White supremacists discussed using the coronavirus as a bioweapon, explosive internal document reveals
- Federal investigators have learned that white supremacists discussed plans to use the coronavirus as a bioweapon, Yahoo News reported, citing a weekly intelligence brief from a division of the Department of Homeland Security (DHS).
- "White Racially Motivated Violent Extremists have recently commented on the coronavirus stating that it is an 'OBLIGATION' to spread it should any of them contract the virus," the document said.
- White supremacists suggested targeting law enforcement and "nonwhite" people in particular.
- They floated options like leaving "saliva on door handles" at local FBI offices, spitting on elevator buttons, spreading the virus in "nonwhite neighborhoods," and being in public with their perceived enemies.
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Federal investigators have learned that white supremacists in the US discussed plans to use the coronavirus as a bioweapon, Yahoo News reported, citing a weekly intelligence brief from a division of the Department of Homeland Security (DHS).
The brief covered the week of February 17 to February 24 and was written by the Federal Protective Service.
It said violent extremists "continue to make bioterrorism a popular topic among themselves," adding, "White Racially Motivated Violent Extremists have recently commented on the coronavirus stating that it is an 'OBLIGATION' to spread it should any of them contract the virus."
The World Health Organization designated the novel coronavirus, which causes a disease known as COVID-19, a pandemic on March 11. To date, the disease has infected 311,989 people around the world and killed 13,407. In the US, there are 26,747 confirmed cases and 340 people have died.
According to Yahoo News, white supremacists used the secure messaging app Telegram to discuss their plans to spread the virus and suggested targeting law enforcement agents and "nonwhite" people. But they were also open to targeting some "public places in general," the brief said.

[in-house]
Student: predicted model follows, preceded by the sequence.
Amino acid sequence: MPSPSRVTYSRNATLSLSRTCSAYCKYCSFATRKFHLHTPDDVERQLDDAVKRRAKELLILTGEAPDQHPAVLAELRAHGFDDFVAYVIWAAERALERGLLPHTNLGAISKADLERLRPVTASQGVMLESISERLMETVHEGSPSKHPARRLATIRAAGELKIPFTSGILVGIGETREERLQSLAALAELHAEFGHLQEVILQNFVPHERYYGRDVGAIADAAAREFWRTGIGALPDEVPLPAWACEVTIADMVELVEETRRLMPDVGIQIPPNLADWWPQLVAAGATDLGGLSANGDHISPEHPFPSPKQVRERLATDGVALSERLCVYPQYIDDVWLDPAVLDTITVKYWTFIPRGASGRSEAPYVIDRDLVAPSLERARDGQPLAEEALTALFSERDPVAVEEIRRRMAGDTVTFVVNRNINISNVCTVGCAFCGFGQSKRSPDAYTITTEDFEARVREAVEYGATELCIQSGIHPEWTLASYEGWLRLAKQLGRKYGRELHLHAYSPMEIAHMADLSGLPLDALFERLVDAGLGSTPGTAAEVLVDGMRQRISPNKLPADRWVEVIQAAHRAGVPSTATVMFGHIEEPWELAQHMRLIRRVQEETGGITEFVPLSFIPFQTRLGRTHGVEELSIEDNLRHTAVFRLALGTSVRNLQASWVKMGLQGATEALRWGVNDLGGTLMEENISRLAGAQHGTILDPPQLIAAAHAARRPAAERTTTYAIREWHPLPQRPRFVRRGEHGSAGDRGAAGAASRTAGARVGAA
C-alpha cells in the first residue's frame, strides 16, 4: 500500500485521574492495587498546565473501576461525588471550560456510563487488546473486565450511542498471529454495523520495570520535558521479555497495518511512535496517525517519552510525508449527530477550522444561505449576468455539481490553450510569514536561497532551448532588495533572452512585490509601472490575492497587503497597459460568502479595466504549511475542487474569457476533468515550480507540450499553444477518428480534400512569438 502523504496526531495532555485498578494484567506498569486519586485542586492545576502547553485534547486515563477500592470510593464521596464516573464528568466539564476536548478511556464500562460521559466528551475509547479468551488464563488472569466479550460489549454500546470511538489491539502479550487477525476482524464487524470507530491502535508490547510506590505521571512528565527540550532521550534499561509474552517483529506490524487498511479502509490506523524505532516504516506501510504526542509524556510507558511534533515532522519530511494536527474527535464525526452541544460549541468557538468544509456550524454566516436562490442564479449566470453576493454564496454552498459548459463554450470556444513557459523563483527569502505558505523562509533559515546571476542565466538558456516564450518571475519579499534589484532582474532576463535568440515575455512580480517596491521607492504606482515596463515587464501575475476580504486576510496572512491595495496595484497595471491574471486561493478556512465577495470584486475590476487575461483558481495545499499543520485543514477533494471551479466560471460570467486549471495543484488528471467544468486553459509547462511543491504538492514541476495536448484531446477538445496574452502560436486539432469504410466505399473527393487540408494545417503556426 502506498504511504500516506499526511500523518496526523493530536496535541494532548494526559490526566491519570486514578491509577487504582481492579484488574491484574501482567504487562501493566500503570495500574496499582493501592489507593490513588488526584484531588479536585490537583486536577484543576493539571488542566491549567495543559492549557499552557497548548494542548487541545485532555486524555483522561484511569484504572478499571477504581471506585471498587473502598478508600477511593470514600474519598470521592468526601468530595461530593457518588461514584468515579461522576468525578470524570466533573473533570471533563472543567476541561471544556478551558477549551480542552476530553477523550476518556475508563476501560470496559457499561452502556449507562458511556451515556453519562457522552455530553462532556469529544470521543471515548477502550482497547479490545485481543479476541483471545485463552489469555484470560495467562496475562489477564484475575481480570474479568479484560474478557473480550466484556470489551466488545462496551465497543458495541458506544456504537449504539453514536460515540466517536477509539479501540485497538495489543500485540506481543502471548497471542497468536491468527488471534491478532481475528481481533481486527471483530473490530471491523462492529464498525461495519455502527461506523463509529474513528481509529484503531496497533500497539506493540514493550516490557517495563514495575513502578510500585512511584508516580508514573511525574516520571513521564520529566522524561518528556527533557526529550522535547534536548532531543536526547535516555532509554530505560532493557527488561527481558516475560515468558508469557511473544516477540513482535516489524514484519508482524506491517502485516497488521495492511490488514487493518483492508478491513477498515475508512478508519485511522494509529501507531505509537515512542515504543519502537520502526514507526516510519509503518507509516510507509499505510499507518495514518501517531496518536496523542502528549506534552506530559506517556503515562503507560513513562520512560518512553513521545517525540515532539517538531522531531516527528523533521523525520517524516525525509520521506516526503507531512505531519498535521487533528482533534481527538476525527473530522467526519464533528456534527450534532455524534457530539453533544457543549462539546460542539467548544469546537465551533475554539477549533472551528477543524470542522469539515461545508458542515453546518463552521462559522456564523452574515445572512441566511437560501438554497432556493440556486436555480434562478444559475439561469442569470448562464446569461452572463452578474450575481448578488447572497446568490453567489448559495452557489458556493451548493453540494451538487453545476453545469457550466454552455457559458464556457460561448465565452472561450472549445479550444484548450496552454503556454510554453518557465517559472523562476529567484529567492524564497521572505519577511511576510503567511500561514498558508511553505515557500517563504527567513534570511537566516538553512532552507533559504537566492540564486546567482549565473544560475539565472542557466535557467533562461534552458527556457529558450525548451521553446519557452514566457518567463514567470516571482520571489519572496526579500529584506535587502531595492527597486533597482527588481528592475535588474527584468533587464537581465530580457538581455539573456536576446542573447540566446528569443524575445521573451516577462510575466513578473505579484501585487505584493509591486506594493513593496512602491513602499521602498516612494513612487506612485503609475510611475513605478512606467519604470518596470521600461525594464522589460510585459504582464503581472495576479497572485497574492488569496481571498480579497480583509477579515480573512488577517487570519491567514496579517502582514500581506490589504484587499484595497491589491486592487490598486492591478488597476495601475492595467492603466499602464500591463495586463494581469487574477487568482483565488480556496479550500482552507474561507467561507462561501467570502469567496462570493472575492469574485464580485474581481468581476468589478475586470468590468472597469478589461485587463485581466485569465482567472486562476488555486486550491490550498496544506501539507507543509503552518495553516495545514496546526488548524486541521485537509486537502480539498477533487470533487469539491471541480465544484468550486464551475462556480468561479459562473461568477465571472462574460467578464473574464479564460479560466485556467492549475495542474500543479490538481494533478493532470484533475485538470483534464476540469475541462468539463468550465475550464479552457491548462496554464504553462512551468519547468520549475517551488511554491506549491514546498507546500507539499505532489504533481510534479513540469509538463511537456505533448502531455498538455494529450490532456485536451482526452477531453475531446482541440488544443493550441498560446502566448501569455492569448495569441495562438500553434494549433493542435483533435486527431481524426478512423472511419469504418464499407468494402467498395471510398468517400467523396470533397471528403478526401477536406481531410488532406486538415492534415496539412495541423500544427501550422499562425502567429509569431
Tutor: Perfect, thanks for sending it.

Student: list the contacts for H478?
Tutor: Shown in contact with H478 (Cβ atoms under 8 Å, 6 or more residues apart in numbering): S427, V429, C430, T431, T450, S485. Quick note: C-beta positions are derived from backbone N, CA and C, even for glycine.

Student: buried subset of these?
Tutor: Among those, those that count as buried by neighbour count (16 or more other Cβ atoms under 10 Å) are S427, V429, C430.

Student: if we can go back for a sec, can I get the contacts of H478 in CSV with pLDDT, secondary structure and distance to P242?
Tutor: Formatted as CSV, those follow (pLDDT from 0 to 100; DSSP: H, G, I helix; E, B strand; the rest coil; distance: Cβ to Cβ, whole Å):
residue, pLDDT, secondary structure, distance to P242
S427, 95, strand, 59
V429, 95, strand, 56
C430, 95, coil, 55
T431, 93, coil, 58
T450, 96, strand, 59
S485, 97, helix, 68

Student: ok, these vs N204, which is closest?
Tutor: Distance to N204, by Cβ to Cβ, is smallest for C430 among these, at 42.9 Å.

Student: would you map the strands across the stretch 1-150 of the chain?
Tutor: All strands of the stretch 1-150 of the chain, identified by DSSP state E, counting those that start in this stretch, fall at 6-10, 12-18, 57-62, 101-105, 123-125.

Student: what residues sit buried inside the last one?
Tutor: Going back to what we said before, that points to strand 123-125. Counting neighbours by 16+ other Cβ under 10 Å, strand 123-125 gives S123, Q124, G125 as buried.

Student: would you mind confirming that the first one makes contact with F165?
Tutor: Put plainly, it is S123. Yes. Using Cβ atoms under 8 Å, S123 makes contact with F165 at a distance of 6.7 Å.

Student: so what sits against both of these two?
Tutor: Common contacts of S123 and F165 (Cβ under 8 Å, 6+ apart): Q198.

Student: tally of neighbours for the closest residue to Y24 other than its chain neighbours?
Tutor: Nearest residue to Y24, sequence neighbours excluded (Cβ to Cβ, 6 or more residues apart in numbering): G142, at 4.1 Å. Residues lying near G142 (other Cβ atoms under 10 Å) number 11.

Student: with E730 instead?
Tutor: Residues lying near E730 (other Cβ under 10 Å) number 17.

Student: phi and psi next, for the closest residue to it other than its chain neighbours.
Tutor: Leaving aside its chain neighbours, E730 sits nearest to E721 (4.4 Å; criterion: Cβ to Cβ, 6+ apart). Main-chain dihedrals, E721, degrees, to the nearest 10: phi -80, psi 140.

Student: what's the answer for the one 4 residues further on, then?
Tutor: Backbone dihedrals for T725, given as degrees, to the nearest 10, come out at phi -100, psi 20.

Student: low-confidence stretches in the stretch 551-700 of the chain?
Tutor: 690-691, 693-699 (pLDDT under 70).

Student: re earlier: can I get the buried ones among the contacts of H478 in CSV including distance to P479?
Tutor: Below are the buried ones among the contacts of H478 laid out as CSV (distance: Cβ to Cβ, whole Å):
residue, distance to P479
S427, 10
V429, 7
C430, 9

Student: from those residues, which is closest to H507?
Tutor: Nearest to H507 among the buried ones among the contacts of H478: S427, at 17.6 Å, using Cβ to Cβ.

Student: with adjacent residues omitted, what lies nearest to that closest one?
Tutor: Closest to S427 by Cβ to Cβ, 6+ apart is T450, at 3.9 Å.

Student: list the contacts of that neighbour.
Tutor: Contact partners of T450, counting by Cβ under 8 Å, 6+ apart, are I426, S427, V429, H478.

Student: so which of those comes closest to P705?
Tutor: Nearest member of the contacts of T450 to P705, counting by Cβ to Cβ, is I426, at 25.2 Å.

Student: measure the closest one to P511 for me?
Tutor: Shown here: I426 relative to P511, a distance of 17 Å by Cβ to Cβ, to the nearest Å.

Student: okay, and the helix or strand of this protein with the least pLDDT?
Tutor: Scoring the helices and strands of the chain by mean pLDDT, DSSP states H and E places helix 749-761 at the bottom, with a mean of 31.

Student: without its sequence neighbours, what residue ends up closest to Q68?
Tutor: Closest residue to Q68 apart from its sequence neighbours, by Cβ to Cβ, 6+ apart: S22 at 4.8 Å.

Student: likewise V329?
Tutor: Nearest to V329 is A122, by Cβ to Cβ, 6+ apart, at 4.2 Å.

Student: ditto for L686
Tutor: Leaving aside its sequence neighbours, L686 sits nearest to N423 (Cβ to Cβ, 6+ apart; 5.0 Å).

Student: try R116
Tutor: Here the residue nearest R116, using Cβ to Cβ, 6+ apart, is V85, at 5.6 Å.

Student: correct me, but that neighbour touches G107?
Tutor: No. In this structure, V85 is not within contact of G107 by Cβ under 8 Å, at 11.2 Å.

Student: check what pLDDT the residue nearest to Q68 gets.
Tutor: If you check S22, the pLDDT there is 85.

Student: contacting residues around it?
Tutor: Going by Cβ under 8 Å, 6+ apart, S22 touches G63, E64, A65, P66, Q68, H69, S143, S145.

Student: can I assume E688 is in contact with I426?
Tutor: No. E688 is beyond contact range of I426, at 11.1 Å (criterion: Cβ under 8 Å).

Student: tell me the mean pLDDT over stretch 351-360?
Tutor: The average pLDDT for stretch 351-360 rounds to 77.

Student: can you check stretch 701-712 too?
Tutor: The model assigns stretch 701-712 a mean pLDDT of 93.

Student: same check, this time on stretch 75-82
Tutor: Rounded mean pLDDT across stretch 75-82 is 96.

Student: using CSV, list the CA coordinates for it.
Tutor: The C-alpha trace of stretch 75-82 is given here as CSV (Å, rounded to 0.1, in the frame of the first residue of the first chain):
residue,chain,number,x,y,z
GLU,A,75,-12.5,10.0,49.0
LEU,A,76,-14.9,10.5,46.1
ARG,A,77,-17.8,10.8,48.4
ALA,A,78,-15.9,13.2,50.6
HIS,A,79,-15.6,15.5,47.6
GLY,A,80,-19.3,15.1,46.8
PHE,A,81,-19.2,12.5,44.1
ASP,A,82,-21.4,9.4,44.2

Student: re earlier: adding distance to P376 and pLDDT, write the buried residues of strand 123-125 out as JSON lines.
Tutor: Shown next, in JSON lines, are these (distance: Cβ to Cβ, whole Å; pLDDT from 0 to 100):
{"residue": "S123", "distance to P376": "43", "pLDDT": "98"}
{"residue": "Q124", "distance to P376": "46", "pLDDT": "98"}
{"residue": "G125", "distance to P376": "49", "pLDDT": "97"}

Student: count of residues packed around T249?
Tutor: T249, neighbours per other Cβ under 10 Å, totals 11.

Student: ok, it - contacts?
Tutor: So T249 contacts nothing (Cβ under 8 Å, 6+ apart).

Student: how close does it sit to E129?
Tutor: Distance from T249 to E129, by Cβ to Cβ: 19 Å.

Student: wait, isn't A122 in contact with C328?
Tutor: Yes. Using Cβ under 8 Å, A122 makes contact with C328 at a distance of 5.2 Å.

The report said that to carry out their plans, white supremacists floated options like leaving "saliva on door handles" at local FBI offices, spitting on elevator buttons, spreading the virus in "nonwhite neighborhoods," and being in public with their perceived enemies.
Yahoo News reported that the discussion primarily took place in a Telegram channel devoted to a neo-Nazi philosophy known as "siege culture," which advocates for racial terrorism to spark a civil war.
President Donald Trump has publicly pledged to fight domestic terrorism and white nationalism. But as Insider's Nicole Einbinder reported last year, the Trump administration has actually slashed many of the government agencies responsible for fighting domestic terrorism.
That said, US law enforcement agencies have tried to shift more attention in recent months to combat the issue. Last year, for instance, the FBI zeroed in on conspiracy theories and identified them as a domestic terrorism threat.
"The FBI assesses anti-government, identity based, and fringe political conspiracy theories very likely motivate some domestic extremists, wholly or in part, to commit criminal and sometimes violent activity," the document said. "The FBI further assesses in some cases these conspiracy theories very likely encourage the targeting of specific people, places, and organizations, thereby increasing the likelihood of violence against these targets."
The vast majority of the conspiracy theories the FBI laid out in its threat assessment resulted in racially motivated violence by right-wing extremists.
A number of those conspiracy theories - and the outlets that publish them - have even found their way into the White House and Trump's Twitter feed.
The president declared a national emergency over the coronavirus last week but has since been criticized for continuing to downplay the virus, falsely touting cures for the disease, and blaming the mainstream media and his perceived critics for hyping the crisis up.
Trump also faced sharp backlash for describing the virus as the "Chinese virus," which public health experts say is a racist and xenophobic term.
Congress is currently working on passing a relief bill to help individuals and businesses hit hardest by the disease's spread. As of Sunday night, the Senate was closing in on a nearly $2 trillion stimulus package to shore up the faltering US economy, but there are still several outstanding issues that need to be resolved ahead of a final vote on Monday.